We’re a bit behind with Cocktails and Classics, but nice weather, and vendor shows will do that to us. We still plan to bring you more classics, paired with our insight, flawed as it may be. A couple weeks ago we took a look at Private Benjamin, a movie neither of us had seen, but one I’ve heard is a classic from the 80s. I’m not sure why, but we’ll get into that.
Private Benjamin is a 1980 comedy starring Goldie Hawn, Harry Dean Stanton, and Armand Assante. The story is about a spoiled, sheltered rich woman who has been taken care of her entire life, gets married, and loses her husband to a heart attack that night. In a fit of “I can do it on my own,” she runs off to find herself, and decides to join the army based on the obvious lies of a grossly stereotyped recruiter. It’s meant to be a movie about a woman finding herself and her independence. Her drive to succeed, and take control of her life. It tries anyway. In the end, Benjamin throws it all away for Henri (Assante) in a non-sensical turn in the story which is only resolved so close to the end of the move that it’s in no way satisfying or redeeming.
This is meant to be a comedy, but most of it is just ridiculous rather than funny. Funny military movies are few and far between, and usually revolved around awful stereotypes and unrealistic depictions of the military. Obviously there’s a reason for that, there isn’t much that’s funny about the Army. But, where Stripes was more subtle about that and left the comedy to the cast of brilliant actors, Private Benjamin just lays on the stupid thick, and hopes you’ll laugh. There were a couple of humorous moments, but I can’t recall them just a couple weeks later so they weren’t all that memorable.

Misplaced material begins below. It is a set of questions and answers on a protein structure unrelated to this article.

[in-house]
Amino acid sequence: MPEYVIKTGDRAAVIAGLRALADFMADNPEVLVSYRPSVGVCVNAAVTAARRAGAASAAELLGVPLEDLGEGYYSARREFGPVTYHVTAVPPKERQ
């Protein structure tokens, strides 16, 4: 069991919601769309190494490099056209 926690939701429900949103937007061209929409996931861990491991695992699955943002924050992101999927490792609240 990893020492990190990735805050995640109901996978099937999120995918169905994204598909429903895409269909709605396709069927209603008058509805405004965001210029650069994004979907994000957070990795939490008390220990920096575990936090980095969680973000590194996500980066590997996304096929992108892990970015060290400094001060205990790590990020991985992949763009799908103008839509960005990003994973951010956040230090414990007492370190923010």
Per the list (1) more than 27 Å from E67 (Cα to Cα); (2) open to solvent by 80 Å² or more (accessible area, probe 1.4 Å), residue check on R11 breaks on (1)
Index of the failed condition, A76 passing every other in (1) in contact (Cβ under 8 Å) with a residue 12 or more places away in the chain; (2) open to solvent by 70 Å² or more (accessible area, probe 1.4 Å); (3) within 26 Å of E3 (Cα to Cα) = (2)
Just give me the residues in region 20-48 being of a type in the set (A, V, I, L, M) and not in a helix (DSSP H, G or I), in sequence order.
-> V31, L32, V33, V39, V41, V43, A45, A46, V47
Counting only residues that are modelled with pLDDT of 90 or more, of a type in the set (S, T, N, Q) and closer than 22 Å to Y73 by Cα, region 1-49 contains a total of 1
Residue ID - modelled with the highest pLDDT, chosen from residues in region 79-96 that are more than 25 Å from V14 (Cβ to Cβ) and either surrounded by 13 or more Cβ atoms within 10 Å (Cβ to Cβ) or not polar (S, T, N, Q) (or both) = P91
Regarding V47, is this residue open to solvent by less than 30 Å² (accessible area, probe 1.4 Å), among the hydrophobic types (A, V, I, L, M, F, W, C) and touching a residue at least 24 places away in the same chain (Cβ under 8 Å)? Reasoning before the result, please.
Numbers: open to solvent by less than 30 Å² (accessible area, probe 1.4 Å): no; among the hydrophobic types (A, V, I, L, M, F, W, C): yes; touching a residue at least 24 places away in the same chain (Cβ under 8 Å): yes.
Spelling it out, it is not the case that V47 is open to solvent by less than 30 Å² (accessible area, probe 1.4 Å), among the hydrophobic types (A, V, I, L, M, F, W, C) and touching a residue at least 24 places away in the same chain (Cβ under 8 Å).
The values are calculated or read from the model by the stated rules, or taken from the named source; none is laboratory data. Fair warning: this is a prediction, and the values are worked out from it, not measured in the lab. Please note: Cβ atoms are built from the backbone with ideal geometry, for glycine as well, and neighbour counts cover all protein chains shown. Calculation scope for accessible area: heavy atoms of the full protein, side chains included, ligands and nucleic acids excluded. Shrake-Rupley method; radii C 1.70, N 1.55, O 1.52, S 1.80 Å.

As Julie said, the movie is all about a young woman who is gaslighted her entire life, by everyone, tries to become her own person, only to let it all happen again. The story itself had a lot of potential, but toward the end they blew it by having her completely revert back to her old ways. It’s not like she just turned her life around and relapsed. She’d been a successful soldier for years before she decided to turn her brain off for Henri. Again, she finally gets her head straight right at the end of the movie, making it too late for it to be satisfying or to feel like Benjamin is redeemed.
All in all this isn’t a good movie. It’s not funny, and the story guts itself.